Other CEOs Are On Hot Seat Over Subprime Crisis
The rapid fall of Stanley O'Neal from the helm of Merrill Lynch has left investors wondering who else in the banking industry may pay a price for the U.S. subprime mortgage crisis.
O'Neal's downfall leaves Citigroup's Charles Prince, Bear Stearns' James Cayne and
Countrywide Financial's Angelo Mozilo among the prominent U.S. chief executives under fire for failing to avoid losses from mortgages and this summer's seizing up of credit markets.
But it is one thing to blame and another to punish. And for a board of directors ultimately responsible to shareholders, sacking the CEO may not always be the way to go.
"People can make devastating mistakes," said Jeffrey Sonnenfeld, co-author of "Firing Back: How Great Leaders Rebound After Career Disasters" and senior associate dean at the Yale School of Management. "The critical question for a board is whether the mistakes were the product of a fair effort at good business judgment, or the result of stupidity, corruption or cronyism."
At Merrill, an unexpectedly large $8.4 billion write-down and O'Neal's apparent unauthorized overture to Wachovia for a merger may have made the board's decision to oust O'Neal easier. That followed the exit of Merrill's fixed-income and structured credit chiefs less than a month earlier.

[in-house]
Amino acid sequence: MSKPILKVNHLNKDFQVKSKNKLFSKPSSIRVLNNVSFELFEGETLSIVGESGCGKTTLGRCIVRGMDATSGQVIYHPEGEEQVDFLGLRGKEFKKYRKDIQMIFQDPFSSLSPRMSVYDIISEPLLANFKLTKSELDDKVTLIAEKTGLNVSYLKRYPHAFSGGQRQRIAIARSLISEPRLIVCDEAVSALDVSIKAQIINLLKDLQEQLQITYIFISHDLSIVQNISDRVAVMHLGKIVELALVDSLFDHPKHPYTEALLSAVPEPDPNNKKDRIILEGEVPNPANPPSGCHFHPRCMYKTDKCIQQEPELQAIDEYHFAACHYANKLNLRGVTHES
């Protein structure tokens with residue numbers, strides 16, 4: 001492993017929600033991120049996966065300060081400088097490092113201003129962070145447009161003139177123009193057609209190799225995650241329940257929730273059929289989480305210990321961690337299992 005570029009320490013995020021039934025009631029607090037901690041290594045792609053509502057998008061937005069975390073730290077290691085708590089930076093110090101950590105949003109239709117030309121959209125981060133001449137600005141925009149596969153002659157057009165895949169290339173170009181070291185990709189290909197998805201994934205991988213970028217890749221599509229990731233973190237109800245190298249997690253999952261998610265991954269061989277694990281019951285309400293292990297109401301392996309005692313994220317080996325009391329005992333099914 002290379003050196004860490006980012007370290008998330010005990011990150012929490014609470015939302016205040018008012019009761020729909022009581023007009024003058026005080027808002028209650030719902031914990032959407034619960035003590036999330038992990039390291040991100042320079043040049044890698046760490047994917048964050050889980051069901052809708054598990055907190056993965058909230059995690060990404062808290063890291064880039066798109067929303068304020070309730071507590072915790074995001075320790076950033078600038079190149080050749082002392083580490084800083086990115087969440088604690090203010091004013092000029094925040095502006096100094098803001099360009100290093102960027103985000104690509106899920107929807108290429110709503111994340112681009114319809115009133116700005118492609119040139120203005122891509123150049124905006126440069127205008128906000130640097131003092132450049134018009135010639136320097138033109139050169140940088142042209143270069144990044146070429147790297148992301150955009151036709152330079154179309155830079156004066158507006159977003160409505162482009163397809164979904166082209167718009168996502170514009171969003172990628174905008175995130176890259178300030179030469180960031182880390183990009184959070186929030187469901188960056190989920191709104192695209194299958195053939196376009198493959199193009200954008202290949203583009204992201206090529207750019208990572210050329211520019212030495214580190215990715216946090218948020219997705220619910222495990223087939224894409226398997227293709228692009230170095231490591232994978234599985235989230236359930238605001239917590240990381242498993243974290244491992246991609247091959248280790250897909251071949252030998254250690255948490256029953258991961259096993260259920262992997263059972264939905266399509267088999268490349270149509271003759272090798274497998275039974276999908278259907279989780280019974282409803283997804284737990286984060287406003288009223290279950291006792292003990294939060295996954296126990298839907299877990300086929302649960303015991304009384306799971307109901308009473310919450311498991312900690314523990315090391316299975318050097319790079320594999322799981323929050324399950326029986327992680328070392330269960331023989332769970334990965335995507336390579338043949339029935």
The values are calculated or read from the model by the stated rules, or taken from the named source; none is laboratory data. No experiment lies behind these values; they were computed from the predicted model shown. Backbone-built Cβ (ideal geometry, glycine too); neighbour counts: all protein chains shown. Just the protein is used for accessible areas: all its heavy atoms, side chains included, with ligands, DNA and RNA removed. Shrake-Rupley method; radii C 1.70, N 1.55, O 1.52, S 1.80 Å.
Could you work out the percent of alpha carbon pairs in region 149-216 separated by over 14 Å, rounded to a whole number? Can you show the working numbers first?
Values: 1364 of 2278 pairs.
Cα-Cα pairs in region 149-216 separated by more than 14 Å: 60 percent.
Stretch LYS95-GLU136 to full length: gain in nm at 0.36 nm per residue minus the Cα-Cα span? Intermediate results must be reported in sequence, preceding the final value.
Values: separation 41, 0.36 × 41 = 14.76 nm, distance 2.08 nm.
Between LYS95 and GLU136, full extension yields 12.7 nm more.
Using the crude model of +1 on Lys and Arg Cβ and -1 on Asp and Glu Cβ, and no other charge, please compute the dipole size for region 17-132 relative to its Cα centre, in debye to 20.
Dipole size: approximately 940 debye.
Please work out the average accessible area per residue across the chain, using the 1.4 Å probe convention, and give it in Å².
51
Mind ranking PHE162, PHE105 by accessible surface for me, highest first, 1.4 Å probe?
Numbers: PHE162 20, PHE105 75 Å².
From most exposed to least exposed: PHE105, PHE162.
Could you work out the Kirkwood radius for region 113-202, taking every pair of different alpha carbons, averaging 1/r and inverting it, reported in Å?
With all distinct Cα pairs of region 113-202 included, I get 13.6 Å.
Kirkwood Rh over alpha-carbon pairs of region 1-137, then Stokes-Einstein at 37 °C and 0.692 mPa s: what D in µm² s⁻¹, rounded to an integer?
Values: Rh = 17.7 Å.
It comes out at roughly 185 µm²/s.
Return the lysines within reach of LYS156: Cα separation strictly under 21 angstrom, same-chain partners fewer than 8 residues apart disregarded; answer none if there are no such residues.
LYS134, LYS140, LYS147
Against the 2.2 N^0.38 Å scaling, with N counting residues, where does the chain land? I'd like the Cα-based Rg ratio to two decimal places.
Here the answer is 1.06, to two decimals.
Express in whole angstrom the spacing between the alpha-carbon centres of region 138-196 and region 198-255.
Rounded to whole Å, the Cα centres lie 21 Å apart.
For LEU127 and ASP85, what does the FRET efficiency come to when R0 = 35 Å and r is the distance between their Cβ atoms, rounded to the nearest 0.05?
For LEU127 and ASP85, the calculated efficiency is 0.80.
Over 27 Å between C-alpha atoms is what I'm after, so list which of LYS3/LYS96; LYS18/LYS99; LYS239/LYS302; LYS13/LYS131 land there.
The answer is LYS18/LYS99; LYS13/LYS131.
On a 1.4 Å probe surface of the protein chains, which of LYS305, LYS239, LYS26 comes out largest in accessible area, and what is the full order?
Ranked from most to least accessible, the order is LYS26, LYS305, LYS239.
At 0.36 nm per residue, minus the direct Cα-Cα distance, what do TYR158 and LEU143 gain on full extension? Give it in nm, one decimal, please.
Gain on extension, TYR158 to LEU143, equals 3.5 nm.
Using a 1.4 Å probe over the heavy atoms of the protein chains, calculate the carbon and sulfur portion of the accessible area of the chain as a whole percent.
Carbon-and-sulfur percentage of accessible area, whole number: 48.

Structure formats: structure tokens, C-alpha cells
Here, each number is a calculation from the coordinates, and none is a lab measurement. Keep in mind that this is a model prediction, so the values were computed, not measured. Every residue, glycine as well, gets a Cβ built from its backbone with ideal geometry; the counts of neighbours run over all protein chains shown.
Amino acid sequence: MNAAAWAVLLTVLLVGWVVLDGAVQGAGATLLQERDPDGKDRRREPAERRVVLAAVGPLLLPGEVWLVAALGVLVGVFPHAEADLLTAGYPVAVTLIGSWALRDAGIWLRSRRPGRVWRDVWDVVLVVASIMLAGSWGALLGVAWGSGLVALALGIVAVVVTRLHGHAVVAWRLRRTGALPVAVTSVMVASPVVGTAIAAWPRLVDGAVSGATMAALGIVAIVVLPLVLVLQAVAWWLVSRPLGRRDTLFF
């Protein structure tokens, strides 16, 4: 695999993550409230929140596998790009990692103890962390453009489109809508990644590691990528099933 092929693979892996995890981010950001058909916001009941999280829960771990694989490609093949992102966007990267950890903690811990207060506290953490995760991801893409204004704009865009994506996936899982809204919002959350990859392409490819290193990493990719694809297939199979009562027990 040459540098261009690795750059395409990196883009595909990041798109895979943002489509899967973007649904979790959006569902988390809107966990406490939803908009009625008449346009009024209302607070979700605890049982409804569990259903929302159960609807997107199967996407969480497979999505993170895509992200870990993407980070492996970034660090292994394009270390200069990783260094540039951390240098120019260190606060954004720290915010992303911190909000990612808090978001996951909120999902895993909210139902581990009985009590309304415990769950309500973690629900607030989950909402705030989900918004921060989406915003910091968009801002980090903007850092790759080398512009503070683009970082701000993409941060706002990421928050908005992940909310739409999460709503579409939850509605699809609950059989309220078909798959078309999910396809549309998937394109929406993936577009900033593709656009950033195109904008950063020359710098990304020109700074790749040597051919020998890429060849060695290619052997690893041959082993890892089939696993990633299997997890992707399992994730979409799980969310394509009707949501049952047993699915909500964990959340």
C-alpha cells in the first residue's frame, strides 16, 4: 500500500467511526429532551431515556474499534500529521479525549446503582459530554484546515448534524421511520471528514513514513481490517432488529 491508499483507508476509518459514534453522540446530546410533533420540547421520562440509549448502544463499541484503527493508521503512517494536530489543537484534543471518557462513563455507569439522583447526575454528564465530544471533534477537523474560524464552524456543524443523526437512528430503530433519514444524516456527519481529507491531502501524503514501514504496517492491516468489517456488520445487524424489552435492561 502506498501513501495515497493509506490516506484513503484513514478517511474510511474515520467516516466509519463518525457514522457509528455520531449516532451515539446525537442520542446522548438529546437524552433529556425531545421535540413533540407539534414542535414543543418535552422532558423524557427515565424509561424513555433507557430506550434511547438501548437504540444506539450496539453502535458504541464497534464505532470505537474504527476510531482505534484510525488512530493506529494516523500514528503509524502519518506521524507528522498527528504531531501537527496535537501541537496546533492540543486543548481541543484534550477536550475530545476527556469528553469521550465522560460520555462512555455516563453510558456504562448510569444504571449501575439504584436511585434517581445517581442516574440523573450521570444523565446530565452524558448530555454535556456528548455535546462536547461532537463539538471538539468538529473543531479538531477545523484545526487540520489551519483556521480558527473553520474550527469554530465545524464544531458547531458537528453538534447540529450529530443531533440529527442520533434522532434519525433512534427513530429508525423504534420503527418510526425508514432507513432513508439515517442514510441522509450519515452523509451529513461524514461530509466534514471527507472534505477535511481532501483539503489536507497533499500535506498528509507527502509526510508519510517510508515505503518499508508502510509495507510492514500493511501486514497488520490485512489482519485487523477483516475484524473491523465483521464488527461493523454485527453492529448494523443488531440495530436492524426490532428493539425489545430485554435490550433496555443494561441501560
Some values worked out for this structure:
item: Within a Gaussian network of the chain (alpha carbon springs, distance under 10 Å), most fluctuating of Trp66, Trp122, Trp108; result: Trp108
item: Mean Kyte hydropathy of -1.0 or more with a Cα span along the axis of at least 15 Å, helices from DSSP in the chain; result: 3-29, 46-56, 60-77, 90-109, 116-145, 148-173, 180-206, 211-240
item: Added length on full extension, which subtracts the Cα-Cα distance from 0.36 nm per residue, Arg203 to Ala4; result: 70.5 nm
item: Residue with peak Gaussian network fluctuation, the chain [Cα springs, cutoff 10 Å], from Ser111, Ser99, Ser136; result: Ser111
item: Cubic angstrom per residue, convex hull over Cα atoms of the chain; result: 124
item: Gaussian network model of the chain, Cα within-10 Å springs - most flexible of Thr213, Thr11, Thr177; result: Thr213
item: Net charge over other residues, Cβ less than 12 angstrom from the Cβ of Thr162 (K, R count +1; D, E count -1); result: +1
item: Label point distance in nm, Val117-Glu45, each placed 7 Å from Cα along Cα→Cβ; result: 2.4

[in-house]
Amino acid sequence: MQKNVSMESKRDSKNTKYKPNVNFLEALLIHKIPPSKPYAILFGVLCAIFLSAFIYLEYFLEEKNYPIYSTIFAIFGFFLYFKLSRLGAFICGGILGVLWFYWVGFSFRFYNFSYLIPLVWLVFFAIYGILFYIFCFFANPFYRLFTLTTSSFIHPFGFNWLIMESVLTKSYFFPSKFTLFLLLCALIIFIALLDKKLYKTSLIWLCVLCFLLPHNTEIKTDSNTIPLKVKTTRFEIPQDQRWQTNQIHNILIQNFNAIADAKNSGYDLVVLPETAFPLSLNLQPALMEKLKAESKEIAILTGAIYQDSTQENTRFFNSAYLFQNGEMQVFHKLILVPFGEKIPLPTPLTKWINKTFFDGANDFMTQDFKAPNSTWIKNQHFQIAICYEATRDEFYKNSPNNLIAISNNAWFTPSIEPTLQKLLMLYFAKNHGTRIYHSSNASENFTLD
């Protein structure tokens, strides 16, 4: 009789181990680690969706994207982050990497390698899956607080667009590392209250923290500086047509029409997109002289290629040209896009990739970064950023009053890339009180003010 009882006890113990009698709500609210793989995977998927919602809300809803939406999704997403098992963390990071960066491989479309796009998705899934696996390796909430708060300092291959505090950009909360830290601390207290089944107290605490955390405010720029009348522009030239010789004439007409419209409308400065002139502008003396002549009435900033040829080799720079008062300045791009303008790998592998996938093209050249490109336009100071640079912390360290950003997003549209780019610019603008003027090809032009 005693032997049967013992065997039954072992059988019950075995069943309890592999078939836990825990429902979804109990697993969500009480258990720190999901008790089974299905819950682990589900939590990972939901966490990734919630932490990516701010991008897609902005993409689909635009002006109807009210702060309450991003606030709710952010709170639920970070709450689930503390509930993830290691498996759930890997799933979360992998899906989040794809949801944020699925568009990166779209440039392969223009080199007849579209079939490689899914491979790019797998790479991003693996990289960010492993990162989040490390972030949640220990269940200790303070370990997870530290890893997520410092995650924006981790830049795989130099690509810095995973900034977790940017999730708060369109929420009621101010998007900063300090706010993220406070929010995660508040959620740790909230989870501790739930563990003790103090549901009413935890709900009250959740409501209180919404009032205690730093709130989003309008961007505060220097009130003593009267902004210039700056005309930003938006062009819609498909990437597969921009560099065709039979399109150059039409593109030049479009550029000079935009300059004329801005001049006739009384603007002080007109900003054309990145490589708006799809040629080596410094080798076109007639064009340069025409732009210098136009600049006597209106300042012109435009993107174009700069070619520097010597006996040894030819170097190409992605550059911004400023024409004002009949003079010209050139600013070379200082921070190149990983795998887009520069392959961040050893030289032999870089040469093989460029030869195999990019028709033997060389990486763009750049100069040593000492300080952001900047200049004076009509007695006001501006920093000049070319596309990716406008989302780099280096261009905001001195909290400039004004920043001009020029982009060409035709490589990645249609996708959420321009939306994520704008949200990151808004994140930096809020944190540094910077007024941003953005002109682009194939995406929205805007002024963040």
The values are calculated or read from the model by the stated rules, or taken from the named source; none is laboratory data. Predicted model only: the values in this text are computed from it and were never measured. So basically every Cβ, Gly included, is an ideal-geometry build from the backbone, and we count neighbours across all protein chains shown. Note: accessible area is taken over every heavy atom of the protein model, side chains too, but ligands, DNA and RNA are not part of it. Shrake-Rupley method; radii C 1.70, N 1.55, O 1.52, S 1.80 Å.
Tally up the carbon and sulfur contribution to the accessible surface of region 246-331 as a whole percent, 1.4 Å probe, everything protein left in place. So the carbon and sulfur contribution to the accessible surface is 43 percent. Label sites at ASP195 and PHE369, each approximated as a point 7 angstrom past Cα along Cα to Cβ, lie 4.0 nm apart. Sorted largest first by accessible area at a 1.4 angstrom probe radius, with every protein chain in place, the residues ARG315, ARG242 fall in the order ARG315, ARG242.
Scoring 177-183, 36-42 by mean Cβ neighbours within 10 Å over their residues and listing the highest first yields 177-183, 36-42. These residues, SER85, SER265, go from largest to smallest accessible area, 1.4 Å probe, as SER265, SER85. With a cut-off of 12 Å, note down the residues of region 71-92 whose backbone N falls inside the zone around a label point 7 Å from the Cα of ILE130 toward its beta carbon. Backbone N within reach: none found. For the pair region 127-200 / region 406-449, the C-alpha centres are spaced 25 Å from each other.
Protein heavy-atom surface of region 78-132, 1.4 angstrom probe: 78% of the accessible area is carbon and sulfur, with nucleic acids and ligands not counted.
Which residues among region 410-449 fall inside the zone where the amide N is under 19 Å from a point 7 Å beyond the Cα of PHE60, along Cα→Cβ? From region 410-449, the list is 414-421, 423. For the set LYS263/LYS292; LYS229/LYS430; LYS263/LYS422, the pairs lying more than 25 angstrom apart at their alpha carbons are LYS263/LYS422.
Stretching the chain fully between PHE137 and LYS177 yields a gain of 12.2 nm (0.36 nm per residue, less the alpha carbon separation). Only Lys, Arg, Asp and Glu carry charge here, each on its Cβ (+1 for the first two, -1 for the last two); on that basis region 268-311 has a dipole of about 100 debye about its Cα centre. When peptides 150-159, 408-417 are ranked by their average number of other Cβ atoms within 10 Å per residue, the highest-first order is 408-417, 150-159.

Looking at Our Own
"Others could say, 'Here's someone across the street who couldn't get the job done, maybe we should look at our own executives," said David Killian, a portfolio manager at StoneRidge Investment Partners LLC in Malvern, Pennsylvania.
So far, other banks hurt by credit losses have culled the rank-and-file, or let people go who were near but not at the top.
At Bear Stearns, where two hedge funds with risky debt blew up, co-president Warren Spector stepped down in August, and hundreds of jobs have been cut. At Citigroup, a handful of
executives left this month, including capital markets chief Thomas Maheras and co-head of fixed income Randy Barker.
Countrywide is cutting up to 12,000 jobs.
And a poor quarter in corporate and investment banking at Bank of America Corp led to an expected loss of more than 1,500 jobs in that unit, including President Gene Taylor.
Timothy Ghriskey, chief investment officer of Solaris Asset Management in Bedford Hills, New York, said "there is risk in cutting too deeply, especially into real talent. It's much easier to hire one person than dozens."
And Charles Elson, director of the Weinberg Center for Corporate Governance at the University of Delaware, said some business decisions may look bad only in retrospect.
"Before you assign responsibility, you have to think about that," he said.
Boards Not Beholden
The independent directors who comprise a majority of public companies' boards may not feel beholden to a troubled CEO. But Patrick McGurn, special counsel to the governance unit of
RiskMetrics Group Inc, said that does not excuse rash action.